Herbert Howells, composer of subtly gorgeous Anglican liturgical works (listen, for instance, to his three Christmas Carol-Anthems), lost rather than gained faith as time went by. “People assume he must have been deeply religious,” his wife Ursula reported, “and I have to tell them he wasn’t. He loved the tradition of the church, and the Bible as literature. But he was never more than an agnostic who veered toward belief.”

At this time of year, plenty of people “veer towards belief” for a while. They approach the sublime sentiments of festive showpieces “Hoping it might be so” — as Thomas Hardy’s Christmas Eve poem “The Oxen” puts it. It should comfort them to know that many of these works emerged not out of rock-solid faith but radical uncertainty. Their creators were not hypocrites, dissemblers, or wishy-washy faint-hearts; nor are they.

Earlier this year, John Rutter told a Vatican conference that composers, formal believers or not, may have a sense of faith “because music is a mystery, just as faith is a mystery”. Musicians, he said, “are at home with the transcendental”. Perhaps we should just enjoy the sacred music of the past with a measure of humility about its origins and meaning, then and now. So, not-quite-believers, listen to this year’s live-streamed Midnight Mass with a glad heart and a clear conscience. Honest doubt has built many great cathedrals of sound.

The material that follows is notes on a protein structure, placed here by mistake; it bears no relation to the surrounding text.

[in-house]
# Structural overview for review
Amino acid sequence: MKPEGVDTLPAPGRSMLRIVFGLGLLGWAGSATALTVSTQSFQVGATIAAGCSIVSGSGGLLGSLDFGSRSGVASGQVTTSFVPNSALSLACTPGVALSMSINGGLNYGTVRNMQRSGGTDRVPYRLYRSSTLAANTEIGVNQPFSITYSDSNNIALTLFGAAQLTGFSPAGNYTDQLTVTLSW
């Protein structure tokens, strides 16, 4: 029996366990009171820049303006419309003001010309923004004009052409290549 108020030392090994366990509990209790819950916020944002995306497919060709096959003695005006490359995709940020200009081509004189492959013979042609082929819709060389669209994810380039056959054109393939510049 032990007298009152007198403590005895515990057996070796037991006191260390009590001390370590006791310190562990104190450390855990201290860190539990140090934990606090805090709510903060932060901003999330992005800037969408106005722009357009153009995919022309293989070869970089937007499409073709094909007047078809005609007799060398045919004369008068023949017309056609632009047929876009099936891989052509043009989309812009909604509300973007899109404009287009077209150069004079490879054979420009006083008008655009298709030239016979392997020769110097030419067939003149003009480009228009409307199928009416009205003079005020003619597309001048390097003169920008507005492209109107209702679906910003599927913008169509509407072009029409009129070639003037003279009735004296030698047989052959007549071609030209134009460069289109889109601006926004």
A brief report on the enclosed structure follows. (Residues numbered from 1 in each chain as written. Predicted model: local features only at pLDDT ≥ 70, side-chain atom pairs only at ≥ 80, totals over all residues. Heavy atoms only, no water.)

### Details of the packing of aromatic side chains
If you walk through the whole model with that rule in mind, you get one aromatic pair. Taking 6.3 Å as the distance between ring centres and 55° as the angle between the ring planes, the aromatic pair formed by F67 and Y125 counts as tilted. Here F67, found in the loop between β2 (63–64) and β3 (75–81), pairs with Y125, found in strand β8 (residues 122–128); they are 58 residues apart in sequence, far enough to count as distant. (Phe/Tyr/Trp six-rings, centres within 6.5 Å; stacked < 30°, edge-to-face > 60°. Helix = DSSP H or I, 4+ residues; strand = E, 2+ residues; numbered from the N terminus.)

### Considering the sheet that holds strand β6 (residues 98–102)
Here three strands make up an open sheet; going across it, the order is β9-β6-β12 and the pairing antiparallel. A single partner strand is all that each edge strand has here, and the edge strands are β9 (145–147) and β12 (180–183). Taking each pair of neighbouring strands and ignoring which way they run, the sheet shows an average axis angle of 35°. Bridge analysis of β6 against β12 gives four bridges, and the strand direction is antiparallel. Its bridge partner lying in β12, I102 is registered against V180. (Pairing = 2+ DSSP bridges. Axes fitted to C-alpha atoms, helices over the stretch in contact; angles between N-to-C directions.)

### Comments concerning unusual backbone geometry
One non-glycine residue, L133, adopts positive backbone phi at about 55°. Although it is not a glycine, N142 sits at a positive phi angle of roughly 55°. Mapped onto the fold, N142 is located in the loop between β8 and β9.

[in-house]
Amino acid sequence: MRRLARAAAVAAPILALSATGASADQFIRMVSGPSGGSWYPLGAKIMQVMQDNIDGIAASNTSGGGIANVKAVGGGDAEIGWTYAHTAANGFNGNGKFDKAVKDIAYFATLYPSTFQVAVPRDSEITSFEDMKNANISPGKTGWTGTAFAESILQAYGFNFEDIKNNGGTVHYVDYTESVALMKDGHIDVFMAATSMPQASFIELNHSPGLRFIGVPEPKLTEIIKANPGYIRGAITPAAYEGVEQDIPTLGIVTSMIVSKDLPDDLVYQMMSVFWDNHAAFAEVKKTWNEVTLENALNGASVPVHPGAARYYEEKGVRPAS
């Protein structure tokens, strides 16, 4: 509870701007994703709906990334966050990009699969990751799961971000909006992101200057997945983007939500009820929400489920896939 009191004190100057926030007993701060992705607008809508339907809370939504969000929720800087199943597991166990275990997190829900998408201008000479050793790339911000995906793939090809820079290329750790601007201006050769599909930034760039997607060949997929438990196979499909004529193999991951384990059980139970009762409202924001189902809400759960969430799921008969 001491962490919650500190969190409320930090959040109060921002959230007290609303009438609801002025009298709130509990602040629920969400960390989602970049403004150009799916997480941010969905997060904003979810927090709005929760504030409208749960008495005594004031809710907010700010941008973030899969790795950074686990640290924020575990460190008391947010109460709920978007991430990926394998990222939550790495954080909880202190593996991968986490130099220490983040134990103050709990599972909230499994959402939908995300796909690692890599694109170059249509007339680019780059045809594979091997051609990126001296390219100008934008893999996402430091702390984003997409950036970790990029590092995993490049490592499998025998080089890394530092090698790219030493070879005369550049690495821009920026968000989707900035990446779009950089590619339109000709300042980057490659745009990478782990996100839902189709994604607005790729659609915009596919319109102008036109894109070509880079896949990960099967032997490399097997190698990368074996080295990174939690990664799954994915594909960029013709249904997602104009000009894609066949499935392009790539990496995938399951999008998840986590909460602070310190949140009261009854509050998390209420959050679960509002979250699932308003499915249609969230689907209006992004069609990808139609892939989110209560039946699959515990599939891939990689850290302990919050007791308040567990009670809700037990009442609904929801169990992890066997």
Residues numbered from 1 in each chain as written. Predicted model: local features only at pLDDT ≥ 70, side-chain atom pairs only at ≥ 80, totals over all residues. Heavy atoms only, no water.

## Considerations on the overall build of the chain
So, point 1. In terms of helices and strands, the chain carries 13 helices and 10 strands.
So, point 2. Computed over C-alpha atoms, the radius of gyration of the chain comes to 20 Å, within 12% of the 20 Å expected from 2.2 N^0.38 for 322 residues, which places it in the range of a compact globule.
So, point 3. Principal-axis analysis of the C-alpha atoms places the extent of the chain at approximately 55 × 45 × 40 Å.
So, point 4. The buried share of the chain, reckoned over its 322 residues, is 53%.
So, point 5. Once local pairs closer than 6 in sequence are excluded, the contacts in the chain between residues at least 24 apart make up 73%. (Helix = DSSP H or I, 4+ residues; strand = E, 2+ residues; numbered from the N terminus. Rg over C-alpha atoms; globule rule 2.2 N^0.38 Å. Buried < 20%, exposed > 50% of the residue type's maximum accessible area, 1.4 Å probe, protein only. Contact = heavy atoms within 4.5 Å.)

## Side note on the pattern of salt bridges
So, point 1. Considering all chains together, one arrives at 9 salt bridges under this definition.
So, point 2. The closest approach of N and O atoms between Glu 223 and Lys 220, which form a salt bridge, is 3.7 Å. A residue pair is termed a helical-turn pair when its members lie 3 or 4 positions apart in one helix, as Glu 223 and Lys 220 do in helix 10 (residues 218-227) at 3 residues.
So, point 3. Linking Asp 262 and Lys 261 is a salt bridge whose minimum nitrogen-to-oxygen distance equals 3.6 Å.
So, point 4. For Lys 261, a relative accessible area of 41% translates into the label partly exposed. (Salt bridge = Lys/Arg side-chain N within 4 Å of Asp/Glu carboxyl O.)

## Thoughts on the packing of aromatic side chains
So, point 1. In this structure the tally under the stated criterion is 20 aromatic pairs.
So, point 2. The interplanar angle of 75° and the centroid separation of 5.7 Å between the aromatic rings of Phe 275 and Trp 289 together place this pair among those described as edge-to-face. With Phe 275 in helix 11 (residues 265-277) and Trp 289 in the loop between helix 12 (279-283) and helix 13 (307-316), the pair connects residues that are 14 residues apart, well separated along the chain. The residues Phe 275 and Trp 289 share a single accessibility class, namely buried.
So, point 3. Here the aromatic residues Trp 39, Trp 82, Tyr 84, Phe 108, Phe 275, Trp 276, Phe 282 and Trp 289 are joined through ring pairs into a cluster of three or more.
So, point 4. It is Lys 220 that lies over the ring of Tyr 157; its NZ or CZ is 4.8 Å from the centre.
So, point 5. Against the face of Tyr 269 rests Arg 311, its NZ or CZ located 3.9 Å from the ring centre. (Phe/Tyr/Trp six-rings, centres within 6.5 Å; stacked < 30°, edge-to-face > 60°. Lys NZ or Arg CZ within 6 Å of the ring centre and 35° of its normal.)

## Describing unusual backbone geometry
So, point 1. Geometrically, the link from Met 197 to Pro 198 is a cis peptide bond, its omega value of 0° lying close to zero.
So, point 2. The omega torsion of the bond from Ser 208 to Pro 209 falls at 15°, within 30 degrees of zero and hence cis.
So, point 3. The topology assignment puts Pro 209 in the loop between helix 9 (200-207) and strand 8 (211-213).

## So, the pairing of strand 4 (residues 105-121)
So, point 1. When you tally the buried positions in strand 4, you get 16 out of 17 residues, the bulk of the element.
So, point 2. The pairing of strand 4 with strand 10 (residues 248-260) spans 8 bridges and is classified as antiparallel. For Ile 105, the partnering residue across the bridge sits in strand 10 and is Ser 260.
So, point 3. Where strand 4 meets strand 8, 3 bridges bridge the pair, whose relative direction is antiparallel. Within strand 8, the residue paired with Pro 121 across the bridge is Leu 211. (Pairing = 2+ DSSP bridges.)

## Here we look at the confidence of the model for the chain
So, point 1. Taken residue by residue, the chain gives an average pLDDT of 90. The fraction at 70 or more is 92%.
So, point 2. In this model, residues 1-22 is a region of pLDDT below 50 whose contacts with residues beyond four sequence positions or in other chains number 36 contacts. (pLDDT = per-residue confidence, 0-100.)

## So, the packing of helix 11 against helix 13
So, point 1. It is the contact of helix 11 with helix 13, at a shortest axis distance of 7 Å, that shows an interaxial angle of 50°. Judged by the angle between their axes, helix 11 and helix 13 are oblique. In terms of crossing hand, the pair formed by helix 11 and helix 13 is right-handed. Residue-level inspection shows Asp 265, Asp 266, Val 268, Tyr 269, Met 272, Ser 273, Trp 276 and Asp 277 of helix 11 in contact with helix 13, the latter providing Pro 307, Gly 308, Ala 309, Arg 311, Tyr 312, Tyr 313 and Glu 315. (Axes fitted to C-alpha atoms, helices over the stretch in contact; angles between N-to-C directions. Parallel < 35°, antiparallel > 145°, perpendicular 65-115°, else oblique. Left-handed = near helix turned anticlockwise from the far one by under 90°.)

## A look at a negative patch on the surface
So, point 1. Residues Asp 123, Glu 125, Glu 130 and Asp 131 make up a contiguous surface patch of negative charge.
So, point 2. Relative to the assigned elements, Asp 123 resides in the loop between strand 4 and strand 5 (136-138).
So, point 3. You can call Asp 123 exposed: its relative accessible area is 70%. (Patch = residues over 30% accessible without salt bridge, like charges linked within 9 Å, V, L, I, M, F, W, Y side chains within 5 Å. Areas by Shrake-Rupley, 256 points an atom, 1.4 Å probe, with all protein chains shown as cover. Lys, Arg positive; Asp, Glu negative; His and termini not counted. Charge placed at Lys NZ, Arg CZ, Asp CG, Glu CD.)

Boyd Tonkin is a journalist, editor, and literary and music critic, and author recently of The 100 Best Novels in Translation.

BoydTonkin

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Katy Randle
Katy Randle
3 years ago

As a professional singer and a non-believer, I can vouch for the fact that music is its own mystery. I have often been approached after oratorio performances by those who are convinced that my faith is apparent in my delivery – I just smile. No point in upsetting people needlessly.

I find it an interesting point that many of the most powerful works were written by those who doubt. Certainty can often manifest as complacency, and that is a dreadful basis for art.

Judy Johnson
Judy Johnson
3 years ago
Reply to  Katy Randle

If what those people who approach you is true, it doesn’t depend on your sharing their belief!

rbailey5555
rbailey5555
3 years ago